There are several truisms about the gaming industry at large that simply cannot be argued with.

For example, it's safe to assume there will be a new Guitar Hero released this year. It's also a pretty good bet that Peter Molyneux will say something tragically embarrassing during his next media interview. Likewise, if it were revealed that Bobby Kotick actually does have horns, nobody would be surprised.

A more important truth however, is that almost without exception, games based on movies are terrible.

There's plenty of reasons why movie tie-ins universally suck, but mostly it's down to timing. The development of the game is always considered secondary to the importance of a well coordinated film release, so development studios are forced to produced a game within a specific time window, usually without any real creative guidance from the people who are working on the film. It's gotten to the stage where a lot of studios get their third or fourth tier developers to churn out these titles, simply because it's a given that no matter how they approach the design of the game, it's going to be awful and nobody is going to buy it anyway.

GoldenEye 007, an exception to this rule, went on to become one of the most successful action games ever made, owing in no small part to the fact it was released two years after the motion picture.

Toy Story 3, therefore, has an uphill battle.

The game consists of the same kind of madcap platforming action you'd expect from a game primarily targeted at the younger generation, yet strangely features enough in the way of entertainment to keep adults occupied too. The characters are big, bold and bright, and perfectly matched to their on-screen counterparts, despite the absence of Tom Hanks who clearly had something more important to do than read out a few lines.

It's best to start by exploring the Story mode, which is comprised of eight levels and can be clocked in a rainy afternoon. It's here you'll get to play as Andy’s toys - either Woody, Buzz or Jessie - in order to pass various platform challenges, many of which require you to switch between the characters. Woody can swing across gaps, Buzz can use his superhuman strength to throw the toys to new platforms, and Jessie can use her agility to pass through tricky areas. The levels are well constructed and genuinely difficult in some places, and despite the competent hint system, many would probably tax even the most patient of children.

Whether you're acting as a trio to scale bookcases in order to parachute army men down to a predetermined spot, or chasing down a train on a horse, or even jumping between asteroids in outer space, the Story mode is relentless and manages to inject Toy Story's trademark humour into the title. It's not in any way a faithful reproduction of the movie itself - more like a series of challenges based around characters featured from the movie, with a heap of props thrown in. Sure, it's a bit clumsy in places, but the overall strategy has worked well, even if the camera angles sometimes obscure your ability to accurately predict where that next jump will take you.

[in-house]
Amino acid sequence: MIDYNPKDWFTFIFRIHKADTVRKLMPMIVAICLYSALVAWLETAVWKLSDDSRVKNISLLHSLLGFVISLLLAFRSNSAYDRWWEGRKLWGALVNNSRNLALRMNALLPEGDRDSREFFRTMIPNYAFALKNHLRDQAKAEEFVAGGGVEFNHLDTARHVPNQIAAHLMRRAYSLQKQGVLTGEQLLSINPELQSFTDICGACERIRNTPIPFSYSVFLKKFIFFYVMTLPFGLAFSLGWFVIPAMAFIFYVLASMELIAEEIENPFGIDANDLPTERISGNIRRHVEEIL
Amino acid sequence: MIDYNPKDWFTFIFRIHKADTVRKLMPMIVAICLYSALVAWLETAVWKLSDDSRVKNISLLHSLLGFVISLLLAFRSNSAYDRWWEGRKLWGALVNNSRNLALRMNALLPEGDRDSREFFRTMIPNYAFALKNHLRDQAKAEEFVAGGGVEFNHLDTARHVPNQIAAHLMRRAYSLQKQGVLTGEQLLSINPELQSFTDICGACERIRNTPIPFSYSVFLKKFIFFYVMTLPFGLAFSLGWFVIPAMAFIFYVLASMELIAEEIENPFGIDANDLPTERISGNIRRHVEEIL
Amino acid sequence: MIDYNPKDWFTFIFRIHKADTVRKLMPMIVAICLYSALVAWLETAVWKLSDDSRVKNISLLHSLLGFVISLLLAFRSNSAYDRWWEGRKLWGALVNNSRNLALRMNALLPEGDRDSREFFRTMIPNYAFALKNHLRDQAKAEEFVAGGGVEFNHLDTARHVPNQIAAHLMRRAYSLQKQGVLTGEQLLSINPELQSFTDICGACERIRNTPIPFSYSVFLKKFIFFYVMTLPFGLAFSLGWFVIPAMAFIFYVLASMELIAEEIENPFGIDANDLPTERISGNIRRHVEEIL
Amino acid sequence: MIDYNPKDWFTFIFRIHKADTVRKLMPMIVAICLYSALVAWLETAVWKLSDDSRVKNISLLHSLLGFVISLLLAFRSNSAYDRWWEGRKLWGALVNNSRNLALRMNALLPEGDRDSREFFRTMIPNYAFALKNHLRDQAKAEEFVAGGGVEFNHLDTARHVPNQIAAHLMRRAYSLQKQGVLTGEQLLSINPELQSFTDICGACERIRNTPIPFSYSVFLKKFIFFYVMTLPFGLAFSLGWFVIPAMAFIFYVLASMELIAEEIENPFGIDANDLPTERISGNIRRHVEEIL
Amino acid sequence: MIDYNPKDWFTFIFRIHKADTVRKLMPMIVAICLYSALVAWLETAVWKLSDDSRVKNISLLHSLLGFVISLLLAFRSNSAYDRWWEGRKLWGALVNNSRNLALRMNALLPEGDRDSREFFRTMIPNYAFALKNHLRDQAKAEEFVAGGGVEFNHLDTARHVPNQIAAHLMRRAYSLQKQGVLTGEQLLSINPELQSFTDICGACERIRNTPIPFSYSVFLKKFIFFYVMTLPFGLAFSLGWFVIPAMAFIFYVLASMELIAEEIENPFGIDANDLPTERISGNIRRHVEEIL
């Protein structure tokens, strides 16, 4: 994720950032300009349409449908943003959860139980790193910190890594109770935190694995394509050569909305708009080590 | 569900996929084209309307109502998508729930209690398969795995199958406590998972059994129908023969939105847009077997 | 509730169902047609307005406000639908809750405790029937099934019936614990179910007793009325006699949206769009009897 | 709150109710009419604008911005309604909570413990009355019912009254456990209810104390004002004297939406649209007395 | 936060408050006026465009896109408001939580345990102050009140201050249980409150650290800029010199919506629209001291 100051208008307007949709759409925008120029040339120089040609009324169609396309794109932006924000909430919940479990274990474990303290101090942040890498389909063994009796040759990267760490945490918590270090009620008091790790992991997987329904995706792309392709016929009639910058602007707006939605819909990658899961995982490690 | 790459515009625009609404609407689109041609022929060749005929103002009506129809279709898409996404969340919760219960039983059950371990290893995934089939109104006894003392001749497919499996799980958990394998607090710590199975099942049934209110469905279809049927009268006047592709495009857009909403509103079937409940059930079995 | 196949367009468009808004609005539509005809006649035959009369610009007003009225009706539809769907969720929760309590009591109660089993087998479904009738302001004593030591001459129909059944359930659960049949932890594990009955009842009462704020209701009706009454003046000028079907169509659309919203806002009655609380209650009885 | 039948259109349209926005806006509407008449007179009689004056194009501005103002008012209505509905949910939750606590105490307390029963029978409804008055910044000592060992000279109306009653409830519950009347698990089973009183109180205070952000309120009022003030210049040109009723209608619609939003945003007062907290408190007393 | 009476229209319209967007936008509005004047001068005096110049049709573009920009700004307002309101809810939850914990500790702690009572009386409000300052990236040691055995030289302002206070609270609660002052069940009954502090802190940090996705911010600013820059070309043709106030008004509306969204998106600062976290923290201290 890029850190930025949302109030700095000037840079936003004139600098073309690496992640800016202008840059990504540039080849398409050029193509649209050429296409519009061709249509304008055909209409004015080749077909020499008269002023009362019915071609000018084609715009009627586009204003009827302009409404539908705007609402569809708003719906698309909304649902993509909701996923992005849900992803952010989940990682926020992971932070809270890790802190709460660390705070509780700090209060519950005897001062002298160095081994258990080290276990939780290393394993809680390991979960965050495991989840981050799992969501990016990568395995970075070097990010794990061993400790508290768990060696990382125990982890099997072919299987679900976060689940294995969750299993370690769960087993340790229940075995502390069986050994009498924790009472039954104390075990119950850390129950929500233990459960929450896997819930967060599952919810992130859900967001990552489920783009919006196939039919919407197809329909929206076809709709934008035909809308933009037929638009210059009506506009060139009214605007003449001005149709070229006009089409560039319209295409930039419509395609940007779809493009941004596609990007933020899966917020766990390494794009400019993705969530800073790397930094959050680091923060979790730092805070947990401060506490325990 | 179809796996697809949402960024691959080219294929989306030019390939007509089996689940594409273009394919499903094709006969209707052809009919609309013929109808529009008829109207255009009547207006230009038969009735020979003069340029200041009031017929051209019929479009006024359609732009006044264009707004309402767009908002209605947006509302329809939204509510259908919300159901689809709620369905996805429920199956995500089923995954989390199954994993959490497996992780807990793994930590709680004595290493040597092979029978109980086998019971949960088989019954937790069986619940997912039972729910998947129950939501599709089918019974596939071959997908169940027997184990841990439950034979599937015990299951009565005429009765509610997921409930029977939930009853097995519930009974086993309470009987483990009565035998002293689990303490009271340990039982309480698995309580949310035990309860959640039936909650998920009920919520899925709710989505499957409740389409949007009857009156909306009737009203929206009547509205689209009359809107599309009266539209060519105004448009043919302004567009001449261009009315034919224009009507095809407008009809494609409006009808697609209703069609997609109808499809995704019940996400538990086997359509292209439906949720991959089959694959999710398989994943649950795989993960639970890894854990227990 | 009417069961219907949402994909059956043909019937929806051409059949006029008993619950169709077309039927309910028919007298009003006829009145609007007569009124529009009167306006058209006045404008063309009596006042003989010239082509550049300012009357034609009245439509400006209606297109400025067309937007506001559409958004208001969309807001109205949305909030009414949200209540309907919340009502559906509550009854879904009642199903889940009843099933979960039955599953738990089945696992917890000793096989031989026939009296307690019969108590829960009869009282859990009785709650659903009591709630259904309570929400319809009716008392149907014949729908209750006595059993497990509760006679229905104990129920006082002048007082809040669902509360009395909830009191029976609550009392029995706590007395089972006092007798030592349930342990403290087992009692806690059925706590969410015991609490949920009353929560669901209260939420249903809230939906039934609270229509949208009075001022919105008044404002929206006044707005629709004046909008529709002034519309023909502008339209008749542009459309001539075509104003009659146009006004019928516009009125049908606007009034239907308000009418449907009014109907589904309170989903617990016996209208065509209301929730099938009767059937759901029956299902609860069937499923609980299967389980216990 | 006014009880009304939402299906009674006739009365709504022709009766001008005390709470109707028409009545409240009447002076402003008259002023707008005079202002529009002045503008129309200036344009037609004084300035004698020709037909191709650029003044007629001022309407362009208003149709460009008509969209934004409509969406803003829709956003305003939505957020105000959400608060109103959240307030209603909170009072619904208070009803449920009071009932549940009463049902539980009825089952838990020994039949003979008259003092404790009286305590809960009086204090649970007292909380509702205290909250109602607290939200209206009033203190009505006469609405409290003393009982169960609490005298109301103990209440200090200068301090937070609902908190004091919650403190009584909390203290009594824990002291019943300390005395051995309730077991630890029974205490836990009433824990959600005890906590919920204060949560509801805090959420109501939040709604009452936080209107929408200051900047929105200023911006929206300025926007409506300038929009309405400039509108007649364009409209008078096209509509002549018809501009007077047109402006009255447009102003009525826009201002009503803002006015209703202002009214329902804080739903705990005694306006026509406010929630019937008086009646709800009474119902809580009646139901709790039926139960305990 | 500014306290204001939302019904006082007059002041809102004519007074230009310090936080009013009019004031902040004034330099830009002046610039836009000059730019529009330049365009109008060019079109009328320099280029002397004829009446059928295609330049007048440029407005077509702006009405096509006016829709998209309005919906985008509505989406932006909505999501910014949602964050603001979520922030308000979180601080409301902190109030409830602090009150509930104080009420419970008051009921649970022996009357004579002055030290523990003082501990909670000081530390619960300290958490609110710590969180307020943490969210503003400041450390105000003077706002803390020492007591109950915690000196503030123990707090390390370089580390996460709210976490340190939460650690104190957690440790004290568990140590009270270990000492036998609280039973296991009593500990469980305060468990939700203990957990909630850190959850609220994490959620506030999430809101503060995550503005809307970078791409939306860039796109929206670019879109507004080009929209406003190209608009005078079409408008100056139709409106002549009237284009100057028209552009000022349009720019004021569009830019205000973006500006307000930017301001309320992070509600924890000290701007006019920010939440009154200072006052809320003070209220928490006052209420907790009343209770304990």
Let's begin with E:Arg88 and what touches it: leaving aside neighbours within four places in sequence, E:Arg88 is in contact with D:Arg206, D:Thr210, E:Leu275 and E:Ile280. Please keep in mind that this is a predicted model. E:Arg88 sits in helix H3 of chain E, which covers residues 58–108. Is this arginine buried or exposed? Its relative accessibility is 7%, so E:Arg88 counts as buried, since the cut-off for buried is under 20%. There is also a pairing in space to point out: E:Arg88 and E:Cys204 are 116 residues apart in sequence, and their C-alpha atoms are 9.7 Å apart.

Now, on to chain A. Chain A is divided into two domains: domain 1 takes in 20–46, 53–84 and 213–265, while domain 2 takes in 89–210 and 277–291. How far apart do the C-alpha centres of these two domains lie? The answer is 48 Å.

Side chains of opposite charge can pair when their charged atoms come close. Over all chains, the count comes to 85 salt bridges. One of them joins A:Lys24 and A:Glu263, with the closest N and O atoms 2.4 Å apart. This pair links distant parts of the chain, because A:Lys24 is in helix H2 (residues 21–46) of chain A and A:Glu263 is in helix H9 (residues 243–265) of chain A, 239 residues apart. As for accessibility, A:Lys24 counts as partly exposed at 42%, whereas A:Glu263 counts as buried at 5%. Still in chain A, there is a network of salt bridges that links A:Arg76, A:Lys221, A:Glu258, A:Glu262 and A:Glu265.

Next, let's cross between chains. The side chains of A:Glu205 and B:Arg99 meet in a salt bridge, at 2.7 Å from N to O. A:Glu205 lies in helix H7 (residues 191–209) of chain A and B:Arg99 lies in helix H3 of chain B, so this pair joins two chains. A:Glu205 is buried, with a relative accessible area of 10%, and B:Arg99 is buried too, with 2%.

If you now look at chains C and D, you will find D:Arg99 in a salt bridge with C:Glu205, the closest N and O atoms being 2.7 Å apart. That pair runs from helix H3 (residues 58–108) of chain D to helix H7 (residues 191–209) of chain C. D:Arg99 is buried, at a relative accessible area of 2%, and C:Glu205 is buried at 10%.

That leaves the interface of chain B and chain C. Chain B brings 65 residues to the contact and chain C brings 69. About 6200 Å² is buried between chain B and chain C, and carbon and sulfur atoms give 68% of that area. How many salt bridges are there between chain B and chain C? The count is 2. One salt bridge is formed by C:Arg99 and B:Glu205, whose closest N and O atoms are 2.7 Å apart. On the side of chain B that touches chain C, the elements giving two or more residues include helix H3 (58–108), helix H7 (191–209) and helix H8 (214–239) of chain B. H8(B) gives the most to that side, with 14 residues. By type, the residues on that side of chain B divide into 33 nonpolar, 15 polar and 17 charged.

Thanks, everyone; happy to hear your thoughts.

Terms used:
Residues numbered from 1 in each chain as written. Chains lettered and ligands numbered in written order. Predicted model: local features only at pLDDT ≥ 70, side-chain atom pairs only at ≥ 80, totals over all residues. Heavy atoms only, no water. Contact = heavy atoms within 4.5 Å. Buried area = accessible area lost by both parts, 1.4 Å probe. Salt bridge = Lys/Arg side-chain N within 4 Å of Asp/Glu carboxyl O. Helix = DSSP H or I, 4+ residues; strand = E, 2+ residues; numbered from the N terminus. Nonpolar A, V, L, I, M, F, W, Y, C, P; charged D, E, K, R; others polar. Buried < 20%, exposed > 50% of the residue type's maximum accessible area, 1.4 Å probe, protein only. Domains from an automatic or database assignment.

Controls, too, aren't as well refined as one might hope. You only really notice problems with movement when it costs you a life here and there, unfortunately this happens too frequently. It's not a game-changer, but a little more polish would have made a real difference to the overall experience. On the plus side, there's no penalty for dying other than being moved back to your last checkpoint, and as these are liberally scattered throughout each level it's easy to forgive a few gameplay flaws that would have otherwise seriously compromised the title.

The Toybox mode, on the other hand, is much more engaging. Here you'll be given free roam in your own town, which you essentially need to customize from scratch. You'll be provided with missions from the townsfolk, the reward for which usually involves additional content becoming available. There's a huge amount of content on offer - from new buildings and townsfolk right down to clothes and paint schemes for objects, and hours can easily be spent just trying to find as many of these unlockables as possible. There's even a two-player option whereby another player can join in at any time to assist via split-screen.

Once you've completed a few missions, you'll quickly start to pad out your town with new buildings and citizens, all of which are whimsically modelled in the manner we've come to expect from Pixar. You can choose to sit back and deal with the day-to-day aspects of the town, such as chasing down criminals and hurling them theatrically through the door of the jail, or opt to accept the increasingly varied missions from townsfolk. These missions range from simple exploratory tasks designed to show you the ropes, to all manner of vehicle racing, and even assisting Hamm to win a mayoral election though the clever use of t-shirt marketing.

There's an arrow indicator to show you where the mission objective typically resides, although it has a tendency to become inaccurate at short distances resulting in a bit of stumbling around from time to time. Overall though, the sheer amount of content on offer offsets any minor problems you'll encounter, making for a genuinely entertaining experience.

It's fair to assume that the game isn't going to prove to be anywhere near as popular as the movie, but that's not really the point. The fact that a movie tie-in title is actually as well made as this shows that it's possible to co-ordinate a film and game release without totally destroying the game in the process.

Toy Story 3 isn't without its problems, but anyone seriously considering purchasing it to expand their Toy Story experience this year won't be disappointed.


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